Parvaiz Ishfaq Rana
KARACHI, Nov 27: Ginners and growers are insisting the government to ban import of cotton and direct Trading Corporation of Pakistan (TCP) to intervene to support the rapidly falling prices of phutti (seed cotton) and cotton.
Declining phutti and cotton prices have caused huge losses to growers and ginners and if the government does not move to safeguard their interests, growers will shift to other crops next year, Prem Chand Khayati, senior vice chairman of Pakistan Cotton Ginners’ Association (PCGA), told Dawn on telephone. He said that in worst situation the least government could do is to give subsidy to growers.
A leading Sindh cotton grower Taj Moad Daherey, who talked to Dawn on telephone from his native town Shahpur Chakar, said that low price of phutti ranging between Rs2,000 and Rs2,200 per 40 kg has made growers to change their mind to shift to other crops.
“If input cost of a grower comes to around Rs3,200 to Rs3,500 per 40 kg of phutti, how can he survive when he is given Rs2,200 for the same quantity?” Taj asserted. He asked the government to immediately reduce growers’ losses.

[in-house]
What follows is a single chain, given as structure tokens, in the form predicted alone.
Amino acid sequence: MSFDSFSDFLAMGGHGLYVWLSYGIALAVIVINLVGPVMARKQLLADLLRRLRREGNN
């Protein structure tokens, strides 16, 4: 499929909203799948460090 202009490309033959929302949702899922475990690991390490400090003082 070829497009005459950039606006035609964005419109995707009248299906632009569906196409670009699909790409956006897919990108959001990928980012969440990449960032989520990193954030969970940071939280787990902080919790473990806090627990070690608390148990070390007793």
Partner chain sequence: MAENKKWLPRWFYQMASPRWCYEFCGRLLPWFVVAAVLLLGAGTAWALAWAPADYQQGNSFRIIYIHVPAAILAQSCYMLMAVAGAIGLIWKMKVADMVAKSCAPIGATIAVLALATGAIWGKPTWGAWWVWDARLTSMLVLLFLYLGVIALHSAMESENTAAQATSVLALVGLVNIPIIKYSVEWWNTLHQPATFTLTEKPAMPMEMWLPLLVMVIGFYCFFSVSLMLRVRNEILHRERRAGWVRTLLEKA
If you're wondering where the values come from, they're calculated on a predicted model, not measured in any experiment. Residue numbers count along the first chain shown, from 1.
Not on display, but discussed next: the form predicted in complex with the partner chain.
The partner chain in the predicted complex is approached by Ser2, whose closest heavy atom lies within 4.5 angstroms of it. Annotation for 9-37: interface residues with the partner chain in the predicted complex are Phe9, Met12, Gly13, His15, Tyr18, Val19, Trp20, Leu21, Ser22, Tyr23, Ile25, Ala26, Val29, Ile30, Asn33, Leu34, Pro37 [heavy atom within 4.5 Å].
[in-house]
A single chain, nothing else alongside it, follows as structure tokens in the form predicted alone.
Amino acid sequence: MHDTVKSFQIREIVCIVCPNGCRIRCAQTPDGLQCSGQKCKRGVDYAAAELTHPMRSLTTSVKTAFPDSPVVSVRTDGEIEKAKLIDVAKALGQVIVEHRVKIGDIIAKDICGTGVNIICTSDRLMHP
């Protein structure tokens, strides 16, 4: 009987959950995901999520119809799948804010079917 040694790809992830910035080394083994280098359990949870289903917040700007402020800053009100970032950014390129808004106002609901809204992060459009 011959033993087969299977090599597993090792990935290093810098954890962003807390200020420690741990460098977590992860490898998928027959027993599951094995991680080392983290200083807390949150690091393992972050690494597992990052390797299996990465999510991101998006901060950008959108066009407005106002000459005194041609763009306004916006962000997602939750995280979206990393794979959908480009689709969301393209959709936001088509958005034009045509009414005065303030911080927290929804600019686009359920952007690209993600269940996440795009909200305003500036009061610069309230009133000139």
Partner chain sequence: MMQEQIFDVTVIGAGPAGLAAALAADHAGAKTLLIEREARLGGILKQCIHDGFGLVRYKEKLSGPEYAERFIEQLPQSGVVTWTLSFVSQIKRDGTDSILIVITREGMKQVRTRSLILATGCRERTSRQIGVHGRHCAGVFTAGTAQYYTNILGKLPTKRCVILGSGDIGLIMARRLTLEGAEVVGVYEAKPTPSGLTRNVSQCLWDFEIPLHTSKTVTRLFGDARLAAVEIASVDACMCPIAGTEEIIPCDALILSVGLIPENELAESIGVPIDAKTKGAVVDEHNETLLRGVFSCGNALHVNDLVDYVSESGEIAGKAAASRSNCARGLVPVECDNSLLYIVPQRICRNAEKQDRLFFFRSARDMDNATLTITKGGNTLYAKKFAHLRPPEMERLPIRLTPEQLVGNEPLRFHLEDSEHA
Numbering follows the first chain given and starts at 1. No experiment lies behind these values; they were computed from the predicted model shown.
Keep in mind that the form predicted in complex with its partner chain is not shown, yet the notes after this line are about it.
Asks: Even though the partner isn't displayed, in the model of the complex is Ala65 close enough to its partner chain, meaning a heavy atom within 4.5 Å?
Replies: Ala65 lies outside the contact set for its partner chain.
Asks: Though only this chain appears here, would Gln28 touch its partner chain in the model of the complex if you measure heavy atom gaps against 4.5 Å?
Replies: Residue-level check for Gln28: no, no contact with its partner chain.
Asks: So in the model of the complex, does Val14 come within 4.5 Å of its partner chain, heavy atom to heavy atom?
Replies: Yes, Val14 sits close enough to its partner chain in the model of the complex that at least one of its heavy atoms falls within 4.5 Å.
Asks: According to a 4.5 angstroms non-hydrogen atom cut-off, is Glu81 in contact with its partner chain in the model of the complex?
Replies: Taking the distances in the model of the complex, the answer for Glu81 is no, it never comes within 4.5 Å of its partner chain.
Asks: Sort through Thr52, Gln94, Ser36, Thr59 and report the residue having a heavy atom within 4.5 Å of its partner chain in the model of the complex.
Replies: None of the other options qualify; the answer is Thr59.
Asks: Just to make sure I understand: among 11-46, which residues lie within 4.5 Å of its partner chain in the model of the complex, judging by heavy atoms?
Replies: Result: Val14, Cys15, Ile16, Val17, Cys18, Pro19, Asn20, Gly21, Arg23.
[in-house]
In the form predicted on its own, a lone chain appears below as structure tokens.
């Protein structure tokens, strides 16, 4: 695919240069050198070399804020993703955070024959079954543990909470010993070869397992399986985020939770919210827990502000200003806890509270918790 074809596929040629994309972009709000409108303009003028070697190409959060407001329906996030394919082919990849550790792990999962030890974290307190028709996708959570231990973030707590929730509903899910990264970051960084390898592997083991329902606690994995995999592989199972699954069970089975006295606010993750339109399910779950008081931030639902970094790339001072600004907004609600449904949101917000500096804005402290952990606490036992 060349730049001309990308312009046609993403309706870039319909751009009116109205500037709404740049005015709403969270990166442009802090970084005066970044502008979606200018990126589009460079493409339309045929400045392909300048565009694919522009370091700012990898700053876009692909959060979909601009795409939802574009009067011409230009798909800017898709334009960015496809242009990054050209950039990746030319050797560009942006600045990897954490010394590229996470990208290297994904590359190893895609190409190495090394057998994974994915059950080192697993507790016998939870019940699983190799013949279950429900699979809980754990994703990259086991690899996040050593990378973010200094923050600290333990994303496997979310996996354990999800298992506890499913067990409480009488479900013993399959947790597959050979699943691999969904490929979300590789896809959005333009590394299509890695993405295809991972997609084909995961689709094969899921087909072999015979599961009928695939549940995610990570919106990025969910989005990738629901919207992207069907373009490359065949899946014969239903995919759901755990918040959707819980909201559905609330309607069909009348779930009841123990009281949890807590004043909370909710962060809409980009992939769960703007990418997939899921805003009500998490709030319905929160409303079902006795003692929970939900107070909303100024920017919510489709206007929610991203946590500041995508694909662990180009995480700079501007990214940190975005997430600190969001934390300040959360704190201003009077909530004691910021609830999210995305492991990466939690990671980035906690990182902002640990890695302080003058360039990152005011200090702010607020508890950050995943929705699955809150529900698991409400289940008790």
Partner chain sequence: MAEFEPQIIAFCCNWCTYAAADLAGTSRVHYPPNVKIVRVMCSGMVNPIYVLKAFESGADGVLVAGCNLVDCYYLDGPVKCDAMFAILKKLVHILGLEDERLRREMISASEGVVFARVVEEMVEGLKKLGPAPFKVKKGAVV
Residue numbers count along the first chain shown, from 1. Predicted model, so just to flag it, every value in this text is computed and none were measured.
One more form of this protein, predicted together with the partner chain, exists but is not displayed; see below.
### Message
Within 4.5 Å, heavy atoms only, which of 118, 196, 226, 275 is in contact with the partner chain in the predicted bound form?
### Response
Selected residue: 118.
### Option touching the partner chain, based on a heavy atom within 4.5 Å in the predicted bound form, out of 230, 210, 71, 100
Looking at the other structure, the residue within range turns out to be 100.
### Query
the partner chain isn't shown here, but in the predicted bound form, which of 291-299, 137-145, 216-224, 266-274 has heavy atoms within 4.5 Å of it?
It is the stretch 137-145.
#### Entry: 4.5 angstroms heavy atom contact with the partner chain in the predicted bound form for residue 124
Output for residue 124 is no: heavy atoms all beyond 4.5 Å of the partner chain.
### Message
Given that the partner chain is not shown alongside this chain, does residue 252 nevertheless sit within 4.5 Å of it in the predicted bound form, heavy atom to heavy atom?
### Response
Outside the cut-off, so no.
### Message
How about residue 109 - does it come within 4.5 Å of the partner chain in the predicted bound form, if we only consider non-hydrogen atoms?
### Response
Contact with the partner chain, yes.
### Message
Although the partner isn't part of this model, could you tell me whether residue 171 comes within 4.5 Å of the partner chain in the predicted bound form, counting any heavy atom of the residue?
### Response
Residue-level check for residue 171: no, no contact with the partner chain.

The biggest problem, he said, is that the agriculture ministry “is not being run by professionals who could understand issues of growers and guide them on each crop and at every situation”.
Agriculture has a major share in Pakistan’s economy, and if due to any reason something goes wrong with any of cash crops like cotton, wheat, sugarcane or rice it will have colossal impact on large segment of population, he added.
Mr Daherey added that there is nobody to listen to growers and this is causing frustration because issues like pest and virus attack caused huge losses to cotton growers in lower Sindh this season.
He said that in this fast-moving era of electronic media and cell phones, the information system of government departments concerned is still based on primitive systems of ‘wall-chalking’. This lack of proper guidance is the main reason that the country’s per acre yield is the lowest in the region, he maintained.
The cotton production estimates were changed several times, he said, and this kept phutti and cotton prices fluctuating. Initially the government’s estimate was at around 12.9 million bales, but later it was placed above 14 million bales. Besides, the Cotton Crop Assessment Committee had its own production estimates, he added.